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Tour de France Stage 11: Marcel Kittel takes fifth win, heartbreak for escapee Maciej Bodnar

Breakaway rider caught with 200 metres to go as German sprinter confirms his supremacy

Marcel Kittel of Quick Step Floors has once again confirmed his status as the pre-eminent sprinter left in this year's Tour de France as he took his fifth win in the 104th edition - and the 15th of his career - in Pau this afternoon. Chris Froome of Team Sky retains the race leader's yellow jersey ahead of stages in the Pyrenees over the next two days.

There was heartbreak however for Bora-Hansgrohe's Maciej Bodnar, who had launched a solo attack from the day's three-man break and who was caught with just 200 metres remaning of the 203.5km stage from Eymet - the Dordogne commune that is home to the highest proportion of British immigrants in France.

Bodnar, a former Polish time trial champion, attacked his fellow breakaway riders  Marco Marcato of UAE Team Emirates and Frederik Backaert of Wanty-Groupe Gobert with 28 kilometres remaining, and coming under the 10 kilometre to go banner had an advantage of 40 seconds over the chasing peloton.

That was halved over the next 5 kilometres on the way into Pau, which as the gateway to the western Pyrenees is one of the most visited cities in the race's 114-year history.

But the peoloton would not be denied as the catch was finally made with the line in sight, Kittel winning from LottoNL-Jumbo's Dylan Groenewegen, with Edvald Boasson Hagen of Dimension Data third.

Fabio Aru, second overall, suffered a blow as one of his key support riders in the coming mountain stages, Dario Cataldo, crashed in the feed zone and abandoned with a broken wrist, with fellow Astana rider Jakob Fuglsang also coming down in the same incident.

Another rider to crash today was former winner Alberto Contador of Trek-Segafredo, although the Spaniard - who needs to produce something special in the mountains to reiginite his ambitions of a third victory - remounted and completed the stage.


Stage winner (again) Marcel Kittel

It's incredible because even being at the top your game, you're never sure to win. In those five bunch sprints I won, I never made a mistake.

Today again I could jump from wheel to wheel.

It's nice to give the team a win again. Julien Vermote, Jack Bauer, Philippe Gilbert … they're champions and they gave everything for me to win today.

I'm speechless! It's hard to work on winning. Most importantly, I've got the legs and the mind for it at the moment."

Maciej Bodnar, who got today's combativity prize

We are riding without our captains [Peter Sagan and Rafal Majka], so we want to take advantage of our opportunities.

We have to respect our fans, our sponsors and our staff. Usually working for others, it doesn't often happen to me to work for myself.

In the last kilometres, I was thinking that I could do it. With 2km to go, I looked back and I saw the bunch still 200 metres back but it was also only 200 metres … "

Race leader, Chris Froome

In stages like today and yesterday, it's difficult to say if I'm in the shape I want to or not because it's just about cruising in the bunch.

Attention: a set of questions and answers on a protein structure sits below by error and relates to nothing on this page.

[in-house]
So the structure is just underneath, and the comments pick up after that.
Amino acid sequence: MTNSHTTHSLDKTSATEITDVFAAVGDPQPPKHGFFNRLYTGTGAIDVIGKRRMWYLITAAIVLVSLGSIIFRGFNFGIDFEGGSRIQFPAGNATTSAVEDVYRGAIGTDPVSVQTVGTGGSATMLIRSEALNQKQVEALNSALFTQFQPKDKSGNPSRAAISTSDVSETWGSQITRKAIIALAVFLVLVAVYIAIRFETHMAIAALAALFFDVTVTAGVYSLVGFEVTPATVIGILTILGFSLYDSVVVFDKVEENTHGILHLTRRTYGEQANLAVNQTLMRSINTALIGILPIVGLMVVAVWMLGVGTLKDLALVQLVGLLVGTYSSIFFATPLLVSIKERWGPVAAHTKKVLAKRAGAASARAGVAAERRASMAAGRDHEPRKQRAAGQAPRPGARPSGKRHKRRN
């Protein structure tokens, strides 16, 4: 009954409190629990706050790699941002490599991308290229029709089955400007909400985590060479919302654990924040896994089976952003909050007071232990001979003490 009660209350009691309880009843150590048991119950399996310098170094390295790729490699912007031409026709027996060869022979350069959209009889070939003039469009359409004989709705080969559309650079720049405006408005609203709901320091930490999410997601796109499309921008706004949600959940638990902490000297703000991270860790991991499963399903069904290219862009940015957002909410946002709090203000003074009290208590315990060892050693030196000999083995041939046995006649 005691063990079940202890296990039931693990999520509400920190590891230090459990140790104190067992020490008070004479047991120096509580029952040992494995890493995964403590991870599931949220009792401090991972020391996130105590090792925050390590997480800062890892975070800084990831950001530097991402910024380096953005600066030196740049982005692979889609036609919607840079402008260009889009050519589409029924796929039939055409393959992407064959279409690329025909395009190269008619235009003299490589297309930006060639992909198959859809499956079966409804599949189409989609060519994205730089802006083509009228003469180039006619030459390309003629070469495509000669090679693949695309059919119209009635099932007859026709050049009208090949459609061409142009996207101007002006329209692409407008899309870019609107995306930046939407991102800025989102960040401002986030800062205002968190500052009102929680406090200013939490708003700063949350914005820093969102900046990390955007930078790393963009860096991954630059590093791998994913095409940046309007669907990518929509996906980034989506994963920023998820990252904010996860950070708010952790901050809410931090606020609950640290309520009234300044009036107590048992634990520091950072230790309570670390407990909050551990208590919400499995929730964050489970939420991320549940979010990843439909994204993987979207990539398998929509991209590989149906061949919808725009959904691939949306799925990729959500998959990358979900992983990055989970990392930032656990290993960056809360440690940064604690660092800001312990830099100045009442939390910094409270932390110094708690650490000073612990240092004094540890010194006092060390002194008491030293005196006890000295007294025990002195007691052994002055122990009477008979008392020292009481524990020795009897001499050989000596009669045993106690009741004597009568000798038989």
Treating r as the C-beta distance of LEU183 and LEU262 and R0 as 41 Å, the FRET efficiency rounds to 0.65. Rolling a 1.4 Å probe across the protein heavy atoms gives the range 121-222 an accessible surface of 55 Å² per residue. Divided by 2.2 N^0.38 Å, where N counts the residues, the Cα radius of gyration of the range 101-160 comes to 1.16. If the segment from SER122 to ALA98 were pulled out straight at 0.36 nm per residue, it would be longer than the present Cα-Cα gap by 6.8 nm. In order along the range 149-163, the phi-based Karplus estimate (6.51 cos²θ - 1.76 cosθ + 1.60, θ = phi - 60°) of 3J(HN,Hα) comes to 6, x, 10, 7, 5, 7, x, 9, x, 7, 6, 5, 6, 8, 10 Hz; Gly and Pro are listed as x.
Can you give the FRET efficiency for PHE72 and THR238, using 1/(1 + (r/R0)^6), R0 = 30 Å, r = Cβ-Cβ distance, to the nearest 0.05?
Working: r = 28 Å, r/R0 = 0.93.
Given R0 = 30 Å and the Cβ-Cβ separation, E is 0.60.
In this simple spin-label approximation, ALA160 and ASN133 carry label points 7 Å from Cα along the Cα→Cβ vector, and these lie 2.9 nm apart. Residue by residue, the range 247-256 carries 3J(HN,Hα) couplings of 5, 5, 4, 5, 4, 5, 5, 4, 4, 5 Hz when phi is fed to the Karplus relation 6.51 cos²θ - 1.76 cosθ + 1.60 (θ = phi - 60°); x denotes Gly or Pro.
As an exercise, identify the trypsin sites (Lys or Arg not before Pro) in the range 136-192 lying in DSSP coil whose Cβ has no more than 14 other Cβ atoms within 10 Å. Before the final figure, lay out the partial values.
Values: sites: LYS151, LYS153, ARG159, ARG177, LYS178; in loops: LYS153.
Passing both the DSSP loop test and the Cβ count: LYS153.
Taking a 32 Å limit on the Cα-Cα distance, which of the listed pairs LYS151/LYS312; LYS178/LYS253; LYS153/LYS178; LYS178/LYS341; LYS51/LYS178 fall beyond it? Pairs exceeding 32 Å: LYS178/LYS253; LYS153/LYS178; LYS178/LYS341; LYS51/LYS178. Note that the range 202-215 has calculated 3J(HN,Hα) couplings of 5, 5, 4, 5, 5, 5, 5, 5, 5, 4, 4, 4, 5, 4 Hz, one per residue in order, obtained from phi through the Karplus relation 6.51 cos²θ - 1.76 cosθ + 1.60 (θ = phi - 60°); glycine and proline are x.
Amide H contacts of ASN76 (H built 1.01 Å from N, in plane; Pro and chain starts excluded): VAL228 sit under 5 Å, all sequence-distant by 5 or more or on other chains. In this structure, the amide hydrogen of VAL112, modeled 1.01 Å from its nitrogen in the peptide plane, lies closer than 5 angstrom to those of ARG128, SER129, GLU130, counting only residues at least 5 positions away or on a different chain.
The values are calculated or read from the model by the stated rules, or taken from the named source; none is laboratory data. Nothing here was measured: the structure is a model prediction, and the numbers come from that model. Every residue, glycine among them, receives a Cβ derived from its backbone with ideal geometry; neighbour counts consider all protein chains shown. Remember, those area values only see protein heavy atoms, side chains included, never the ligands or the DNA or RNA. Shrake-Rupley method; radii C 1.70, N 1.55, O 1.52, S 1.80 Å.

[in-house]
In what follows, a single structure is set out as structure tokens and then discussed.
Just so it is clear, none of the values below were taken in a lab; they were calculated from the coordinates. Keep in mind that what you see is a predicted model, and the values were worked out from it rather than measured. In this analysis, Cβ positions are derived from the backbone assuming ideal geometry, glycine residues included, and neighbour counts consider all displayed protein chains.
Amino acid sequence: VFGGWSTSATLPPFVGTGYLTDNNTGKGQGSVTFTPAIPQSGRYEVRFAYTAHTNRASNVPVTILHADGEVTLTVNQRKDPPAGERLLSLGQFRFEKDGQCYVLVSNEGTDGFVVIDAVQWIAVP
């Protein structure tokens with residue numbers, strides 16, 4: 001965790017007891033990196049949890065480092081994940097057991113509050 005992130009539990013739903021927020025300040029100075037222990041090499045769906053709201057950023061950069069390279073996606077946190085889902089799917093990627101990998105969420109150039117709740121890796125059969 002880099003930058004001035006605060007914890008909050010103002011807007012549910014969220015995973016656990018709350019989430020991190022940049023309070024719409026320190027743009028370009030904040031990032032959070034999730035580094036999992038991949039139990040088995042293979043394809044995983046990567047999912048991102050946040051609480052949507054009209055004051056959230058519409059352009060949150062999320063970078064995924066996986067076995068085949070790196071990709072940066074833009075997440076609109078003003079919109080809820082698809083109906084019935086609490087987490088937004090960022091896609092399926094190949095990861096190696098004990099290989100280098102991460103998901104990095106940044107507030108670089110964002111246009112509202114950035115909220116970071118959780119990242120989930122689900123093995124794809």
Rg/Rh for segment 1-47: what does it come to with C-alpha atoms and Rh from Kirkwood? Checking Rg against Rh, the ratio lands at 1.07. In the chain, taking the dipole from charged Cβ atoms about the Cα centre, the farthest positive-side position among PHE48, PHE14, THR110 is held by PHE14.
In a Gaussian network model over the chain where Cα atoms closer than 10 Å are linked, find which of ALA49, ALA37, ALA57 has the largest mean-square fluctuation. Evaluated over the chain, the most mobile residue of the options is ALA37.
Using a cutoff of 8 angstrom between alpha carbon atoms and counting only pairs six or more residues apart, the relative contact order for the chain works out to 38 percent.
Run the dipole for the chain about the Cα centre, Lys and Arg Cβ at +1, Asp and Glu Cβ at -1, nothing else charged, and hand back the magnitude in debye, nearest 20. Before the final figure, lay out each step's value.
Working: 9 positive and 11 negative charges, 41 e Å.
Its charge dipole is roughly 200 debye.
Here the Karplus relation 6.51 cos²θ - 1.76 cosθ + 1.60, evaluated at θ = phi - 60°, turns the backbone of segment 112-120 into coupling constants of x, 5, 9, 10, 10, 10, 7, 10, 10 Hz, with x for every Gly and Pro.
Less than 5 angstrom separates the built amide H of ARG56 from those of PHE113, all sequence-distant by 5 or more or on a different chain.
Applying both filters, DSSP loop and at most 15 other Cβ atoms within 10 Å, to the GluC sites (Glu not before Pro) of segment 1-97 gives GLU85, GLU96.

Tomorrow, I'll know more in the mountains but I certainly like to think that my curve is still on the up.

I'm hoping to hit the last week in the best shape I've ever been. I think the number 1 priority will be to not allow someone to come back on GC and I'll keep a close eye on Aru. I'll stick to him like glue.

Simon joined as news editor in 2009 and is now the site’s community editor, acting as a link between the team producing the content and our readers. A law and languages graduate, published translator and former retail analyst, he has reported on issues as diverse as cycling-related court cases, anti-doping investigations, the latest developments in the bike industry and the sport’s biggest races. Now back in London full-time after 15 years living in Oxford and Cambridge, he loves cycling along the Thames but misses having his former riding buddy, Elodie the miniature schnauzer, in the basket in front of him.

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dottigirl | 7 years ago

If they want to beat Kittel in the sprint stages, they're going to have to think up some better tactics. Lotto Soudal just seem to be playing into his hands. 

Kittel is finding space and staying out of trouble. (How many contre-temps has he been involved in, compared to the other sprinters? Zero?) 

I'm hoping Dan McLay can come good - he's learning every sprint, but inexperience in positioning  and timing has undone him. Does he really have the top speed to stay with and pass Kittel though? Today, he was left behind.

davel replied to dottigirl | 7 years ago

dottigirl wrote:

Kittel is finding space and staying out of trouble. (How many contre-temps has he been involved in, compared to the other sprinters? Zero?) 

He's having it particularly easy at the moment. Not only with, as you say, other teams playing into his hands, but Sagan and Cav have been missing from his last 3(?) wins and were busy taking each other out in the one Demare won.

Then remove Demare from the bunch, and Renshaw from being a lead-in agitator, and a lot of 'contre-temps' sources go away.

That's not to disparage how easy he's making it look - he's obviously the fastest out there  - but I'm surprised that others haven't been targeting him (Greipel's off the pace, and Bouhanni and Kristoff don't look like they're on top form to me).

check12 | 7 years ago

For me, I fast forwarded even the highlights, I suppose it gives me brownie points to watch the next two stages at a more leisurely pace! (Fingers crossed for some action!)

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